Therefore, it was necessary to make sure that shoes would fit all areas of the feet, not just in front of the arch where the foot is usually the widest. While some lower-rated sneakers did have a tight toe box, many of them were roomy from front to back. Additionally, we included some entries on this list that provided proper heel support, as well as supporting a natural arch, thus, in theory, alleviating some of the pressure that's put on the middle of the foot when it's naturally flat.
Once the overall fit and comfort were evaluated, we moved onto criteria that were important for running. Once a sneaker was deemed comfortable and passed our standards, we looked for the features that would help you, the runner, become more efficient and accurate in your running style. Anything from extra support to an ergonomic design was considered and noted, bringing us to an even narrower list.
The right sneaker can also help to enhance balance and if the footwear moves with the runner (as in, if it's lightweight enough to keep from weighing a runner's foot down), then it's more likely to enhance and improve overall performance. While every sneaker on this list might not do that for every runner, depending on your own criteria and specifications, we're certain that you'll be able to find at least one that will help improve your personal skill set. Wide feet aren't a factor that stands in your way; it's just something to overcome with the correct running gear!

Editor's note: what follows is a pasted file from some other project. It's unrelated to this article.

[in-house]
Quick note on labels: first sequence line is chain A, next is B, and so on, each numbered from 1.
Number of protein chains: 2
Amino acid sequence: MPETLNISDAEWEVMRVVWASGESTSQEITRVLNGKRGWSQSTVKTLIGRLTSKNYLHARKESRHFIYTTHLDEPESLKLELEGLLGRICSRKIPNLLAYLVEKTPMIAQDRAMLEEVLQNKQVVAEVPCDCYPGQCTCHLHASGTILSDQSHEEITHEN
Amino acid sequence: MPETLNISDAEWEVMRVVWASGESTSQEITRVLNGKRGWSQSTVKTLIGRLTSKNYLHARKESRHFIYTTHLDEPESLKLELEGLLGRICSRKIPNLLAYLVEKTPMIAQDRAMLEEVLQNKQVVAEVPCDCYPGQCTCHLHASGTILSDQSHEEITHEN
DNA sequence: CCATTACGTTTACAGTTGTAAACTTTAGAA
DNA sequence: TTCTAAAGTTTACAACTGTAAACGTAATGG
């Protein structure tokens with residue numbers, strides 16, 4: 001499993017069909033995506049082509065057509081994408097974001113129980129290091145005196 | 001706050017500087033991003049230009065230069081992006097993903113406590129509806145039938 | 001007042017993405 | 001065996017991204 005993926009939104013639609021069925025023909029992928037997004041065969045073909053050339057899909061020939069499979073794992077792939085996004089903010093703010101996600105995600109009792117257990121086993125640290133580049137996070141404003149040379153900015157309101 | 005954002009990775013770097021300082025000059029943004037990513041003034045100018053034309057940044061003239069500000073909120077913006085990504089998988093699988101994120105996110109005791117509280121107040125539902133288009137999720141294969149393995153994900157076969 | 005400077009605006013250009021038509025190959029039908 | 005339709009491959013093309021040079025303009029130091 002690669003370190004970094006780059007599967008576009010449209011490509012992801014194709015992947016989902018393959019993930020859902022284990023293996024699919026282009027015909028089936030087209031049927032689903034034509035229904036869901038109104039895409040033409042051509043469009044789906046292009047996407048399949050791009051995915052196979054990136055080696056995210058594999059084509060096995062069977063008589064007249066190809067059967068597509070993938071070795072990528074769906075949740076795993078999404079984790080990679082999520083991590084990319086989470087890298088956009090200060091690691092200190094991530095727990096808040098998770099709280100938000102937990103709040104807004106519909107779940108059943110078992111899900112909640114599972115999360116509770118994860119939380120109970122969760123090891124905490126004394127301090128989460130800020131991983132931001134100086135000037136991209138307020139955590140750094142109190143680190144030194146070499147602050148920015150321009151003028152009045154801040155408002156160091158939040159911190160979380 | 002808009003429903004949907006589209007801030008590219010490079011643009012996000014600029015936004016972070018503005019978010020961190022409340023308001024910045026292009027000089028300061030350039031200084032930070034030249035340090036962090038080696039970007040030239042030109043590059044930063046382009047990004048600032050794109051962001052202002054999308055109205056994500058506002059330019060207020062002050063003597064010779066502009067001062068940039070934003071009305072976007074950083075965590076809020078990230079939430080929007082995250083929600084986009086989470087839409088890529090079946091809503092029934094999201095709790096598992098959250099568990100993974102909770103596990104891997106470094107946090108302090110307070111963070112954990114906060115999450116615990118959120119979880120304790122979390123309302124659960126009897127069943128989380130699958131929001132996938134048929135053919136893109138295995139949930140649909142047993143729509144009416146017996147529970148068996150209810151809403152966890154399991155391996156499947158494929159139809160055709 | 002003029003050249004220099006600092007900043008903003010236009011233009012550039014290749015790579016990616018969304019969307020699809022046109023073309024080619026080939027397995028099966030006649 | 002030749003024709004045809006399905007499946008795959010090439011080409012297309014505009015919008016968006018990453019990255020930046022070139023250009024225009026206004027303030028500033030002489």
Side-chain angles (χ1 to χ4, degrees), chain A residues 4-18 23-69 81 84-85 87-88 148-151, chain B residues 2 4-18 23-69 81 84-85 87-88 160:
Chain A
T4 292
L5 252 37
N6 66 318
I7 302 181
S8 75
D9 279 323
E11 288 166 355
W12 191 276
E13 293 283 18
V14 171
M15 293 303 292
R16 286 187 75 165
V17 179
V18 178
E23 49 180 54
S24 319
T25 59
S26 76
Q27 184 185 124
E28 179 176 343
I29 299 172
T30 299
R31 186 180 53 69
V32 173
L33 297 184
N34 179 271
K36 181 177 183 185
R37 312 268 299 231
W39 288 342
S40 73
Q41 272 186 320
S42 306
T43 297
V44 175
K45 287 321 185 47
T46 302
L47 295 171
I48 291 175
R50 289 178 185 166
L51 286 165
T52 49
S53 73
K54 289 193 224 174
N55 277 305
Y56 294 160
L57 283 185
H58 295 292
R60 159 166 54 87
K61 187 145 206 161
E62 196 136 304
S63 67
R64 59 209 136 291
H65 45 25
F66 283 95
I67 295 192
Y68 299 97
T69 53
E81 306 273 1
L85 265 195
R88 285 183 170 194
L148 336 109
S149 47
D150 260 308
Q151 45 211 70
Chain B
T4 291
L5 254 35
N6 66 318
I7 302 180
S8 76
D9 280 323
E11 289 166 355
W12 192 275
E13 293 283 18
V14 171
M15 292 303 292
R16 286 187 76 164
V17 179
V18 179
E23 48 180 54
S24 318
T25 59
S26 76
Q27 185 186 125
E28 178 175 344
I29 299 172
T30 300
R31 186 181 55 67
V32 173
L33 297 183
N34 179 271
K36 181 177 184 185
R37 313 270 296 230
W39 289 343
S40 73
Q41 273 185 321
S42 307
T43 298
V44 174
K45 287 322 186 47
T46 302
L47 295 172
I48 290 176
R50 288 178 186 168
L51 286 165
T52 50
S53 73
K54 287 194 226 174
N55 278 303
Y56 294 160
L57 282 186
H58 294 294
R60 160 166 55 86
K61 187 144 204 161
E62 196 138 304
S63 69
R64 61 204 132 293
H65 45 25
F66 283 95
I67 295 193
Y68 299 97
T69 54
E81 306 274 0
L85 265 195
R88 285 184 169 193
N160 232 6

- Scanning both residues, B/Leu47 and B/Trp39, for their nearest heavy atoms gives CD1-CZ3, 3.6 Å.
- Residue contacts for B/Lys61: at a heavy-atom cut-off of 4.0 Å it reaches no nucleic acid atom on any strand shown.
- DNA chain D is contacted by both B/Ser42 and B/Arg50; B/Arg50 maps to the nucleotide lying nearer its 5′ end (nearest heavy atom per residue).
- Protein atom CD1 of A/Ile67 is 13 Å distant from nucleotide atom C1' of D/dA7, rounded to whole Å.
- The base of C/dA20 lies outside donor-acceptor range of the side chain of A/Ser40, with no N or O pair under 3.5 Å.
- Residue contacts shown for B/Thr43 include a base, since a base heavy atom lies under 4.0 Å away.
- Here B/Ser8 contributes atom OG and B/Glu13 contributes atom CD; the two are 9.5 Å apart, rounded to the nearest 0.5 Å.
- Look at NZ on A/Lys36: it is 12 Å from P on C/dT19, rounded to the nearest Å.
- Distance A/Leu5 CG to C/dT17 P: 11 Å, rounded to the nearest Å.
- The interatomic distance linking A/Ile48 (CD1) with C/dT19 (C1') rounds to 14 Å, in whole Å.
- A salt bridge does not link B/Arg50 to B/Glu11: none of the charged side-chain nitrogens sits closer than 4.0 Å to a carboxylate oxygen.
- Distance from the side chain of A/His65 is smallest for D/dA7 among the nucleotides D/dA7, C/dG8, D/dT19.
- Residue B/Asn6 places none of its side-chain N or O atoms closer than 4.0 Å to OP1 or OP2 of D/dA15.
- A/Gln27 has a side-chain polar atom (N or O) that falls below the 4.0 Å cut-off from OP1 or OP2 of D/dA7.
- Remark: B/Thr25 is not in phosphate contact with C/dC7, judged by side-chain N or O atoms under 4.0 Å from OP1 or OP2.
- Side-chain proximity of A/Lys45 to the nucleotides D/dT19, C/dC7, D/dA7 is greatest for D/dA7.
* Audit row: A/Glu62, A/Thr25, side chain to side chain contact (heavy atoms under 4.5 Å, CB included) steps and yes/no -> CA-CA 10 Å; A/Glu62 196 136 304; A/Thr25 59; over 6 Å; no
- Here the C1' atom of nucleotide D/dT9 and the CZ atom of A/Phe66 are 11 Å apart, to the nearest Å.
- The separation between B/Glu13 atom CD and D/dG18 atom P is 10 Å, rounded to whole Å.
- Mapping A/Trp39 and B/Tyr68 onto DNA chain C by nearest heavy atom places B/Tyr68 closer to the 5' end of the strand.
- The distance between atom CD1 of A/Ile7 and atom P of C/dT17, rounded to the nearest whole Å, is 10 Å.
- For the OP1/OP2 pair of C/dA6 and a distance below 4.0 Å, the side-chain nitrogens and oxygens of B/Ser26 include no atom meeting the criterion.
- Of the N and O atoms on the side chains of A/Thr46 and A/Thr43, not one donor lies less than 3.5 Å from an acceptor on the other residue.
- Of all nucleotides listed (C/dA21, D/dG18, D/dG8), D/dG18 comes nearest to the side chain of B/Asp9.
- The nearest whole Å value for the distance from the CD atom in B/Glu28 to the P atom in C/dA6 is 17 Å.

Whether we like talking about it or not, value is a huge factor when it comes to any type of gym equipment. Having an active hobby isn't often cheap and this is even truer for those of us with bodies that need a little extra attention, such as having wide feet. Whereas most people can walk into a fitness store and choose a pair of sneakers with no problem, those of us who have a bit more width need to do a little more advanced searching in order to find the gear that speaks to us... and sometimes, that can be pricey.
Therefore, we based our list on the overall value of the product, including what comes with it, which additional features were prevalent, and if it was worth the total price. We'd like to think that we have a very variable price range that can fit into anyone's budget. Especially when it comes to choosing a pair of sneakers that you plan to have for a year or more, and plan to use regularly for a high-impact sport such as running, it's important to know that your money is going to a dependable source. This is where we evaluated all that you would get in your purchase, as well as whether or not it's worth the money you're spending.
Expert Interviews & Opinions
There's a simple way to tell if you have wide feet. By simply tracing your foot shape on a piece of paper, you can easily measure the width of the widest part of your feet. When you have the correct measurement, all you need to do is compare it to a foot sizing chart! Wide feet usually require adjustments within an eighth of an inch or more.
You can also get a good idea of your foot shape by figuring our if you have flat feet. This isn't necessarily a tell-tale sign for a wide foot -- it's simply a case of one may lead to the other. If you do suffer from a flat foot, you might notice that your arch is not as high as some others. This is another thing that can be improved with more supportive footwear, such as the sneakers included on this list. Over time, arches can be improved, as well as aches from incorrect footwear due to too tight a fit.